Shaw said, "...when in question, the book says put the marker on the ground." What is the rationale behind that? It should be the other way around. When in doubt, keep your laundry in your pants. It should be CLEARLY a penalty before the flag hits the turf. That should be the beginning of the rule book changes. Even if one game is decided on a questionable call, and there have been, that is too many. I would rather see no flag if it's in doubt, then when officials review questionable calls throughout the week, if they see a play that clearly is defined as "targeting," then suspend the player for the next game. Seems to work in the NFL (if they would quit reducing suspensions).
As you know by now, there were a pair of questionable targeting calls in last Saturday’s Georgia/Vanderbilt game. Georgia officials spoke to SEC coordinator of officials Steve Shaw. And Steve Shaw said yesterday that Mike Slive’s league will ask the NCAA — after the season – to take another look at the rule and its implementation:
“Even our commissioner has serious reservations about the penalty philosophy around targeting fouls when they’re overturned. He and I have talked. He’s challenged me, and together we’re going to work with the rules committee to revisit the penalty if a disqualification is overturned for targeting.”
According to The Athens Banner-Herald, six of the 14 targeting penalties handed down in the SEC this year have had the player ejection overturned. Still, those teams lost 15 yards in penalty yardage even though a booth official didn’t think the player in question actually targeted a foe. (Targeted, of course, implies intent, but the rule can be interpreted a half-dozen different ways… which is part of the problem.)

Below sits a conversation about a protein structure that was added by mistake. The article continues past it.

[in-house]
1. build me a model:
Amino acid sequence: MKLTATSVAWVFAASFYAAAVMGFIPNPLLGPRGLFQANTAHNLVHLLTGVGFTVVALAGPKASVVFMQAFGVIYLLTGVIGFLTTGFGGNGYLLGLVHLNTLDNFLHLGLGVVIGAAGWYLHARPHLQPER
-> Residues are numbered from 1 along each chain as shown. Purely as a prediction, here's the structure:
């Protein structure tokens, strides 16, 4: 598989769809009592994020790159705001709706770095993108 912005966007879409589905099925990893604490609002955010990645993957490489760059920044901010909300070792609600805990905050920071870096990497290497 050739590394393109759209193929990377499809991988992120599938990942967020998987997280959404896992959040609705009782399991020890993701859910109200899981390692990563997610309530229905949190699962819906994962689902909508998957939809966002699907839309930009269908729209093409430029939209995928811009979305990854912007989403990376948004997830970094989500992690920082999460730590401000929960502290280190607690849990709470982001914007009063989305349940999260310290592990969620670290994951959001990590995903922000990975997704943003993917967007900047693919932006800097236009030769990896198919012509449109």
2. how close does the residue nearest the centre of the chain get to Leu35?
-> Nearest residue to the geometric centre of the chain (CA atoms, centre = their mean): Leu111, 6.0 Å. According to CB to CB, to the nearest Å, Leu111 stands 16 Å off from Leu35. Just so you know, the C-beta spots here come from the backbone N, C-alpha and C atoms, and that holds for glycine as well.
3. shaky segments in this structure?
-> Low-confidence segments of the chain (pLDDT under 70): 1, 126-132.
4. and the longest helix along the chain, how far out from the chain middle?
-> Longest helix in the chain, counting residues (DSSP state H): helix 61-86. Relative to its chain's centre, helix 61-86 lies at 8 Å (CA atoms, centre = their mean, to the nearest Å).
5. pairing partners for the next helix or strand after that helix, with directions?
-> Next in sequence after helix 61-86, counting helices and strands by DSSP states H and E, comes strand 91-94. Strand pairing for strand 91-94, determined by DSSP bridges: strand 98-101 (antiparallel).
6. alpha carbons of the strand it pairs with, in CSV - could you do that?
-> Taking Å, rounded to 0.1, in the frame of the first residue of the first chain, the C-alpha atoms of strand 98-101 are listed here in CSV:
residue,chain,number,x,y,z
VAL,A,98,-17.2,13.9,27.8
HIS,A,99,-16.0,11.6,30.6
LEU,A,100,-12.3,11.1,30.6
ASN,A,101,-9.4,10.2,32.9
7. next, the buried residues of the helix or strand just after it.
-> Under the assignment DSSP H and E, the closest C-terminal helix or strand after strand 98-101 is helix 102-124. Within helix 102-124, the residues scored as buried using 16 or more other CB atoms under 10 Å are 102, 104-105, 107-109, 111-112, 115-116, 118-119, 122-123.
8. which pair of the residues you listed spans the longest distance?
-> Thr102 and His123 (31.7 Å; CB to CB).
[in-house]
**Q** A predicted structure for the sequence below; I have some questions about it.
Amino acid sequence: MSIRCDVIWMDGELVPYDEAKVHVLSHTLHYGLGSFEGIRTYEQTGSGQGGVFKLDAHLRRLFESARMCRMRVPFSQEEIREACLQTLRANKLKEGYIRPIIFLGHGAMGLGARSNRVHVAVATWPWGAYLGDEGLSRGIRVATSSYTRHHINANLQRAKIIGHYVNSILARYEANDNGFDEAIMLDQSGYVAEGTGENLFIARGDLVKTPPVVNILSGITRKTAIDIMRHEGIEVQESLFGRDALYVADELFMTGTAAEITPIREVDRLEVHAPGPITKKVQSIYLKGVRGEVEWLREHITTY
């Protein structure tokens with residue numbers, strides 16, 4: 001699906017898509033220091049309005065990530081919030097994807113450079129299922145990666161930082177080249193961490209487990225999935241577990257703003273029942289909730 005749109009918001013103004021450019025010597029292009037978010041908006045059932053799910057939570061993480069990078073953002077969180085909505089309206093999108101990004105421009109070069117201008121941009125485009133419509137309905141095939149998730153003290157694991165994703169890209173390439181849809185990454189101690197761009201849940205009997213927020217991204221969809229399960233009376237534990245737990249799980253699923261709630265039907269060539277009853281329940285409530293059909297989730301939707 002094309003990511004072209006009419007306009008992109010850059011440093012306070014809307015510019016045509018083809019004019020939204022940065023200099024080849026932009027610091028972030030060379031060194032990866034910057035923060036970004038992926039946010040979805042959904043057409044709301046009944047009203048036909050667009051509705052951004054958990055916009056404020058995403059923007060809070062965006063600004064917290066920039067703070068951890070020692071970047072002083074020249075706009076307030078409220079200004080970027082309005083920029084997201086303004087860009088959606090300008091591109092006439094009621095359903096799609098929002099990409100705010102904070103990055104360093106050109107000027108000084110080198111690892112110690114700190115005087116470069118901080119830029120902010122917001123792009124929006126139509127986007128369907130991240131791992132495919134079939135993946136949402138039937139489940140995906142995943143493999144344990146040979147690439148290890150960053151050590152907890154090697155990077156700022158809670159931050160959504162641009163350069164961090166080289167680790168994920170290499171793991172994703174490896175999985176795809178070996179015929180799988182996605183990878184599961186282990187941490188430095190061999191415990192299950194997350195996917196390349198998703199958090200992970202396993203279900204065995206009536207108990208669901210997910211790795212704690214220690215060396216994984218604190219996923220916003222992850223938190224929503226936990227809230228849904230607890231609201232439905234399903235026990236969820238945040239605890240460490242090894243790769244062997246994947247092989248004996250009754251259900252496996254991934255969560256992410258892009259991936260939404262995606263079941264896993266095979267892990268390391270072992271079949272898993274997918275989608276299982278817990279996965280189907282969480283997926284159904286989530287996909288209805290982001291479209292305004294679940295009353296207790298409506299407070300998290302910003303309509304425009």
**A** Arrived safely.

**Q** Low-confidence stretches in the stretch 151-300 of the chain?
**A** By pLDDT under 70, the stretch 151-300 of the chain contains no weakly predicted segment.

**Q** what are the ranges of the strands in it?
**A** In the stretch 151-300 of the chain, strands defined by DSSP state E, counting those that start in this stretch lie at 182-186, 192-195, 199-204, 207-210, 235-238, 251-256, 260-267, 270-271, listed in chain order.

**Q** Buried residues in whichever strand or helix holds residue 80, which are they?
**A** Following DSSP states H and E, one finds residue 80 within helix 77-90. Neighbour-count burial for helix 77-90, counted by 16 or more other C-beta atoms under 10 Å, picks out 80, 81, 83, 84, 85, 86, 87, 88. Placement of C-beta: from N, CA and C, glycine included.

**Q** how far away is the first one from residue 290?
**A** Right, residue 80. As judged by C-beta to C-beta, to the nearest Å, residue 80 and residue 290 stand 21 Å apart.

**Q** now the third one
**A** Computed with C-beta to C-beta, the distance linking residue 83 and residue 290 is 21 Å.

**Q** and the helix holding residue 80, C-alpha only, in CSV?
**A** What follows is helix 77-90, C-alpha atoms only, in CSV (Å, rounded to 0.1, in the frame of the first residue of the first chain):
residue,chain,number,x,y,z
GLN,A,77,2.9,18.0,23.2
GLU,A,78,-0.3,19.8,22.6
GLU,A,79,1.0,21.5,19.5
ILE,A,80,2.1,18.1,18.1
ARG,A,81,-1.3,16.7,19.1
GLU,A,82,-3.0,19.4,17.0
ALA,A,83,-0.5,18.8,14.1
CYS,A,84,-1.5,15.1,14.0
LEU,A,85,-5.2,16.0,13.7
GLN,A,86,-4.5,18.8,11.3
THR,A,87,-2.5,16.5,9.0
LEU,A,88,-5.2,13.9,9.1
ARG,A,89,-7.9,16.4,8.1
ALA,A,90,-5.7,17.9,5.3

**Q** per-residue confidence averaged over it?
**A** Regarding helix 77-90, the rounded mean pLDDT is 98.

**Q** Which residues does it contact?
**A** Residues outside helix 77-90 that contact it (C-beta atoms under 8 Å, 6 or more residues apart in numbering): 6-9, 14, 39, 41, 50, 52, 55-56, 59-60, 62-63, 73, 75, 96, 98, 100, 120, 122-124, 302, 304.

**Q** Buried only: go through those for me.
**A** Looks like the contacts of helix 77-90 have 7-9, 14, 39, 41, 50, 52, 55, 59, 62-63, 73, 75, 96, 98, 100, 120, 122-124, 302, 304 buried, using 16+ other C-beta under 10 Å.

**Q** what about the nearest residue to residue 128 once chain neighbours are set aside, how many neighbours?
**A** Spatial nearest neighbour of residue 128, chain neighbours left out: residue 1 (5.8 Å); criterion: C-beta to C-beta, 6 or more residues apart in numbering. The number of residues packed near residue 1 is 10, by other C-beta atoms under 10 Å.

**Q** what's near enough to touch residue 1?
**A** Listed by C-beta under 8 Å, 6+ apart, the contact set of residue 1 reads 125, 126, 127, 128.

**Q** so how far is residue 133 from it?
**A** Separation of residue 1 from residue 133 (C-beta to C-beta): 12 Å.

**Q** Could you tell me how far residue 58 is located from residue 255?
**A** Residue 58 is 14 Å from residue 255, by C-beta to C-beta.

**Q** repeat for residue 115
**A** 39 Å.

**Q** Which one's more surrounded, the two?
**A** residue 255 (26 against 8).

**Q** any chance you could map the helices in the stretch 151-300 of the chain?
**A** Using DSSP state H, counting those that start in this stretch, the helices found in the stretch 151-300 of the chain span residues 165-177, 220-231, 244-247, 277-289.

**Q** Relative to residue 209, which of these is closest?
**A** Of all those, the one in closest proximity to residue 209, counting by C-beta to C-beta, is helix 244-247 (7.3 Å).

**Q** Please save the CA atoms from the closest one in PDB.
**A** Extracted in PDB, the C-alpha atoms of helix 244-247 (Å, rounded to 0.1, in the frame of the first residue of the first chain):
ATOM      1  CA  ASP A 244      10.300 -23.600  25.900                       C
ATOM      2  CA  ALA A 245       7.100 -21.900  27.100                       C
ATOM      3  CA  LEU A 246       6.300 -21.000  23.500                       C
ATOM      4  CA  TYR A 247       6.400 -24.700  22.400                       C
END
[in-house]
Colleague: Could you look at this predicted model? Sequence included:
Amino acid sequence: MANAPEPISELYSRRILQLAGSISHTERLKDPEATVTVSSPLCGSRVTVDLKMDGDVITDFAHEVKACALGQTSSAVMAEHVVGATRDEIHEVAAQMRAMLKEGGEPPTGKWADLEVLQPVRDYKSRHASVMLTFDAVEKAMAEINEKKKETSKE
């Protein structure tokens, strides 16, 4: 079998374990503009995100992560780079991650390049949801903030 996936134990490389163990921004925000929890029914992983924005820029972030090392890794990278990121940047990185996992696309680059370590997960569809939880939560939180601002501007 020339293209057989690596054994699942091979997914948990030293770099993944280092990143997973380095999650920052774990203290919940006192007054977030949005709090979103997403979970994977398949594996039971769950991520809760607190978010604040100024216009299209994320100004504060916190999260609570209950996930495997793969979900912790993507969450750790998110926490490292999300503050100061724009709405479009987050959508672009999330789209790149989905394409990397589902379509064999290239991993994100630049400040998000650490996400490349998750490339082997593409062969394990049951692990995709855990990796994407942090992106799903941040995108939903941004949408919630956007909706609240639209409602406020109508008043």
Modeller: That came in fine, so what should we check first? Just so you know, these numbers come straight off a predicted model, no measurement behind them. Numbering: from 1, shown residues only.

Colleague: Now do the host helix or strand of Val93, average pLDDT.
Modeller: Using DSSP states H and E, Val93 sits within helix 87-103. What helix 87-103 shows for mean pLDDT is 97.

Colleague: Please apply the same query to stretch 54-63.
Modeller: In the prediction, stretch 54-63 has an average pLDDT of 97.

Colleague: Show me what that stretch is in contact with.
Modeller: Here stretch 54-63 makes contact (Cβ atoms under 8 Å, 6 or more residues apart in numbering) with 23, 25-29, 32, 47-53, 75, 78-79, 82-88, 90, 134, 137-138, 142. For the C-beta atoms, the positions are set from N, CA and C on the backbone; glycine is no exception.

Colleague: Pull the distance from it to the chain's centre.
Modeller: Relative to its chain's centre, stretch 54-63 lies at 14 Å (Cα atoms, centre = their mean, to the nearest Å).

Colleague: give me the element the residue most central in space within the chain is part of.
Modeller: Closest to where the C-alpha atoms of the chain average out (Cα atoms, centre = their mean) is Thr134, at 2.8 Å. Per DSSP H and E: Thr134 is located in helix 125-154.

As we told you earlier this week, if the NCAA does decide to allow a booth official to overrule a field official’s opinion with his own, it will be a major change in NCAA policy. So says Shaw as well:
“Do we want replay to kind of cross over that line to say, OK, we’re going to overturn the disqualification but we still think it was roughing the passer? That would be a huge leap within our replay…
We can’t guess. We can’t think it might have been. We’ve got to see it, know it’s a foul before we put the marker on the ground, but these things happen in a split second and so when in question, the book says put the marker on the ground.”
And if you begin to overturn those with replay, one of two things will happen. Referees will feel protected and start throwing more targeting flags knowing that the eye in the sky can reverse them. Or officials will get a bit more gunshy, not wanting to have call after call corrected by a booth official.
Reversing a judgement call is not the best answer because it’s really just trading one man’s opinion for another’s. It won’t be long until someone suggests interference and holding calls be reviewed. If you ever get to that point, get ready for a 5-hour football game.
When it comes to the targeting rule, it’s proven to be just as vague, just as open to interpretation, and therefore just as controversial as most suspected when it was introduced this summer.